I have a stomachache. I feel like there's some pus in there, but the doctor says it's just normal. Is the doctor right?
Pus is a liquid that's produced by your body to fight off an infection. Pus consists of white blood cells, dead cells and debris. It can be seen on the skin or in a wound.
White blood cells—also known as leukocytes—are produced by the bone marrow and are part of your immune system. The function of white blood cells is to fight against foreign invaders in the body, such as bacteria, viruses, fungi and other parasites.
White blood cells can be divided into two categories: granulocytes (neutrophils, eosinophils and basophils) and agranulocytes (lymphocytes).
In general, if pus is visible in a wound or if more than two squirts of pus are expressed from a pimple, you should see a doctor for evaluation.
Pus is an indication that something is wrong with your body. It can be caused by many things including infections (bacterial or fungal), immune system responses and tissue damage.
A biopsy is a sample of tissue that is removed from the body for diagnosis. A percutaneous biopsy (also known as a needle biopsy) uses needles to remove small pieces of tissue from the surface or deep inside your body.
The most common type of percutaneous biopsy is performed with a needle and syringe. In this procedure, your doctor inserts a needle into your skin and injects local anesthetic around the area where they plan to remove cells. Then they use ultrasound imaging (an internal guide) or X-rays to help them find their target—usually an abnormal growth called a tumor—and take out tiny samples with either some sort of device attached to their needle or just using their hands/fingers (finger-biopsies). The purpose here isn't so much about finding out what kind of cell it is but rather getting enough info so we can figure out if it looks anything like cancer cells do under microscope slides."
The procedure for this type of biopsy is similar to what we just discussed. A finely pointed needle that has been designed for tumor biopsies is used to remove the tissue sample. The doctor or nurse inserts it into the skin and removes a small piece of tissue from the affected area. This is done under local anesthesia, which means you won’t feel anything during or after the procedure.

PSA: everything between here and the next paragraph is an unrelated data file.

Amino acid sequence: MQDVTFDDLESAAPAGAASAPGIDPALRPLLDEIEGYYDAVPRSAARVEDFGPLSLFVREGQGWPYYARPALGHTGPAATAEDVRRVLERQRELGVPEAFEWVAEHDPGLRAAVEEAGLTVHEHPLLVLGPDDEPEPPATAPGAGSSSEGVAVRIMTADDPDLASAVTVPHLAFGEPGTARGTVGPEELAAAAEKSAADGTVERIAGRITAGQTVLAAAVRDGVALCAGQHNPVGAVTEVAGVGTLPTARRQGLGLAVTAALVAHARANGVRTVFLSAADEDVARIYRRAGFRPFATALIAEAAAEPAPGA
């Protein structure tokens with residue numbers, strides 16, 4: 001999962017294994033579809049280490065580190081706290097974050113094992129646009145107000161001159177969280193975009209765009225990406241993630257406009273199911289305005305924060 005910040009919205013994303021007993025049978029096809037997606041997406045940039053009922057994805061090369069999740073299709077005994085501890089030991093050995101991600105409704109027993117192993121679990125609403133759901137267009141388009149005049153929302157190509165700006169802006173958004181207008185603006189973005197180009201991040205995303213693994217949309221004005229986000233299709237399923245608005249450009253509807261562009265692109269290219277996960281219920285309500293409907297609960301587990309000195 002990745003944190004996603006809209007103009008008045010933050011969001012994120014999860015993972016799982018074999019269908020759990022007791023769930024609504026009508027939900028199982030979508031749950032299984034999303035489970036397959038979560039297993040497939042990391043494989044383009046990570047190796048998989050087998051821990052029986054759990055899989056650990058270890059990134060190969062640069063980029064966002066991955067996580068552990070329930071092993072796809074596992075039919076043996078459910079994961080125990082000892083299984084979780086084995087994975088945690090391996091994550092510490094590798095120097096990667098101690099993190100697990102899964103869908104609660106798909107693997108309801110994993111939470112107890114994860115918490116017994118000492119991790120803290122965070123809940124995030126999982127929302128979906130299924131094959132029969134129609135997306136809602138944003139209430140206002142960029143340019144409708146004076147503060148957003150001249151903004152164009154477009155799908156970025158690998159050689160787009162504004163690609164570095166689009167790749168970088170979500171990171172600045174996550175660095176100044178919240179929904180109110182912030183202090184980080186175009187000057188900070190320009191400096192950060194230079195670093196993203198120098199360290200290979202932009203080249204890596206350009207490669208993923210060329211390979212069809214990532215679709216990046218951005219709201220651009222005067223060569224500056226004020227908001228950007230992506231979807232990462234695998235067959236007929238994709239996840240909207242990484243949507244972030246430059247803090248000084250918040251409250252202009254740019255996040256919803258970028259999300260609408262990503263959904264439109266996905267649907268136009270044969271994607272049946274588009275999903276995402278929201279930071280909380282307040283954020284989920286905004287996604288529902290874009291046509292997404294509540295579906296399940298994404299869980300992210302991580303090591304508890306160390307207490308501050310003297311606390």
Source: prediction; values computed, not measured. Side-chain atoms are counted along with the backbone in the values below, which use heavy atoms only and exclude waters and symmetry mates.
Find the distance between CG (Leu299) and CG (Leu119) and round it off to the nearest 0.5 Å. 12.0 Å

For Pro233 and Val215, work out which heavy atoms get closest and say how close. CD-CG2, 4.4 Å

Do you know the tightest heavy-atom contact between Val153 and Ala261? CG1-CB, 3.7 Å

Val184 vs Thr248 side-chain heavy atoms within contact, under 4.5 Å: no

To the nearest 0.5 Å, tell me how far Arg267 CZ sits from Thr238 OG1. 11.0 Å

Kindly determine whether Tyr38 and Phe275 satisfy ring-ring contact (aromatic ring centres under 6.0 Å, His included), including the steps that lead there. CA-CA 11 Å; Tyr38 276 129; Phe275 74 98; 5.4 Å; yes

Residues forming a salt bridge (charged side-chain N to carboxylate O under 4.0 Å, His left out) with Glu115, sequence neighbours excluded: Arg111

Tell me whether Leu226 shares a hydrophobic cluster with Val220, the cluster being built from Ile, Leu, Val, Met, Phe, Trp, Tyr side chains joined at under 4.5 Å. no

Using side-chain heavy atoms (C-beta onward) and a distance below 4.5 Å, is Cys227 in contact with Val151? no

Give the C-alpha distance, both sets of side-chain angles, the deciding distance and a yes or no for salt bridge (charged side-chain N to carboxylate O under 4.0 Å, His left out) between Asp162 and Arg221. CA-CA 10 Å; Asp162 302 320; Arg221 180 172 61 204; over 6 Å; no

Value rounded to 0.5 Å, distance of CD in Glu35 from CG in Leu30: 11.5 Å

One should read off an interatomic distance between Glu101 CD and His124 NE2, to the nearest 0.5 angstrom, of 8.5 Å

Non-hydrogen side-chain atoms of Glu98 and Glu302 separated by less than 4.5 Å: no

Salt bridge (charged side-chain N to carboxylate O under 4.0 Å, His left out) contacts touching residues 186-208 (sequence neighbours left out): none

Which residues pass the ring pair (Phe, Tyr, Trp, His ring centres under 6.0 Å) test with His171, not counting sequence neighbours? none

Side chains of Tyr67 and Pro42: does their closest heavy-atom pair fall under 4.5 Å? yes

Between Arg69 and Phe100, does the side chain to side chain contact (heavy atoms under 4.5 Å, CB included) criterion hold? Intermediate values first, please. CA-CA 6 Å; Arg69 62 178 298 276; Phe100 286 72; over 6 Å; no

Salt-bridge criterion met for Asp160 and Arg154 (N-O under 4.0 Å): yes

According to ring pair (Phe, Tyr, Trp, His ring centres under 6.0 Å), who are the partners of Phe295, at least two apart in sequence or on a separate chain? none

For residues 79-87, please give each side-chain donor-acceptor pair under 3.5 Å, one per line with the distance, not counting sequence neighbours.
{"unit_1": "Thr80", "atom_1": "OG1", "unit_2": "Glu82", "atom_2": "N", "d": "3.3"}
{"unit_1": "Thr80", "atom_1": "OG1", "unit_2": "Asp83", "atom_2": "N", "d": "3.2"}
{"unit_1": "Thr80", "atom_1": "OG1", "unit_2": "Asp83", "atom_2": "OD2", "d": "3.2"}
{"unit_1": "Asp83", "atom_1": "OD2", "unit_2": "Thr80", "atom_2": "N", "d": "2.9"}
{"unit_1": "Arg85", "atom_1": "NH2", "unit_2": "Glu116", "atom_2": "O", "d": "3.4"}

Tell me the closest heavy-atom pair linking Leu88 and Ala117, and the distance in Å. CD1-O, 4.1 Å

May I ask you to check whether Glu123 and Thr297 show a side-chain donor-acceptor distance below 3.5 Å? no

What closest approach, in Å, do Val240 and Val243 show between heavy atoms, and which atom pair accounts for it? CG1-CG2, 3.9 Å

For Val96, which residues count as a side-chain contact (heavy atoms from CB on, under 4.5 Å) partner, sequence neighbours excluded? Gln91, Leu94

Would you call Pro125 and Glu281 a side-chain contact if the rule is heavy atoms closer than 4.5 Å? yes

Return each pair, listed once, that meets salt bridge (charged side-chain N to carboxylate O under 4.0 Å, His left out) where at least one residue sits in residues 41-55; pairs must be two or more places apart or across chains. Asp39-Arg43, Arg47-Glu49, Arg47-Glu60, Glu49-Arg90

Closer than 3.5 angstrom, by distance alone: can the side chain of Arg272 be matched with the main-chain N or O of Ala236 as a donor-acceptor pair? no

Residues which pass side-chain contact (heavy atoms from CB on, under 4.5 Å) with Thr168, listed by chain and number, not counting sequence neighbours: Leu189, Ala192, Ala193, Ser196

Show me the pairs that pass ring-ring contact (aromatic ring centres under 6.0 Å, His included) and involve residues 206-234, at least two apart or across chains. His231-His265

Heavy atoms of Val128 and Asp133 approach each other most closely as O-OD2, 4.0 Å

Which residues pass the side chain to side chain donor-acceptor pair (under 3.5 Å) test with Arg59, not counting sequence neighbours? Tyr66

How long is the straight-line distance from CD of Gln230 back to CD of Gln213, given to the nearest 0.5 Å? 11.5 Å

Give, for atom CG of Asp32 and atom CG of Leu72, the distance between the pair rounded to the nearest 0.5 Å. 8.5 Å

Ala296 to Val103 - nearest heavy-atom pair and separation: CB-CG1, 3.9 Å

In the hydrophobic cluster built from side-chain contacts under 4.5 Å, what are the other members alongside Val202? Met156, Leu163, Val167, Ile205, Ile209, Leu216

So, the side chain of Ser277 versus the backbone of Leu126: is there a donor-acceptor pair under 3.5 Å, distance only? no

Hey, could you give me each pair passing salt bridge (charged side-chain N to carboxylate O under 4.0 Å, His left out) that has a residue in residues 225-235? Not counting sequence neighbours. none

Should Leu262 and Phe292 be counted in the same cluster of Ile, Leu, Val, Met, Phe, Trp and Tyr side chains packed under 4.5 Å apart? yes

The procedure typically takes around 10 minutes, though it may be longer if your doctor needs to make multiple attempts at getting enough cells because they might be very small (if so, he/she will explain why). Your doctor will then place these cells in an envelope with some preservative fluid so they don’t dry out before being sent off for testing.
Biopsies of tumors that have pus pocket necrosis or extensive hemorrhage may not be suitable for testing. This is because these conditions can make it difficult to test the tissue sample, and you might have to be tested again after waiting several weeks (or even months) while your biopsy heals.
The pathologist then performs a rapid microscopic analysis of the sample to check for evidence of cancer or other disease.
This can be a difficult process. As you may know, it can take years to train a pathologist in how to read microscope slides, and even then there are many different types of cells that look similar under the microscope. It can be easy for an inexperienced person or one with less-than-perfect eyesight to mistake a white blood cell for pus cell, or vice versa!
The pathologist is looking for abnormal cells that could indicate cancer (or some other disease), as well as signs of infection such as pus cells themselves; inflammation around infected areas; mucus from glands like tonsils; bacteria present in mucus (which would indicate infection); etcetera...
One would take swabs from the three areas and test them in the lab culture.
If pus cells are 12-14 HPF, you may have an infection. If it is less than 10 HPF, you could have an inflammation or caused by different things such as dryness or friction of your underwear.
When you get a cut, your body produces white blood cells to fight off any infections. These white blood cells are produced by the immune system and they travel throughout your body looking for infections. When they find an infection (like a boil or pimple), they fight it and usually die in the process.
Pus is made up of dead white blood cells and other materials that have been released from infected tissues after being destroyed by antibiotics or other medicines that race against time to kill off these types of infections before they spread to other parts of the body.
In summary, pus is an accumulation of white blood cells, dead cells, and debris that may occur when your body is fighting off a bacterial or fungal infection. If this pus is visible in a wound or if more than two squirts of pus are expressed from a pimple, then it would be wise to see a doctor for evaluation.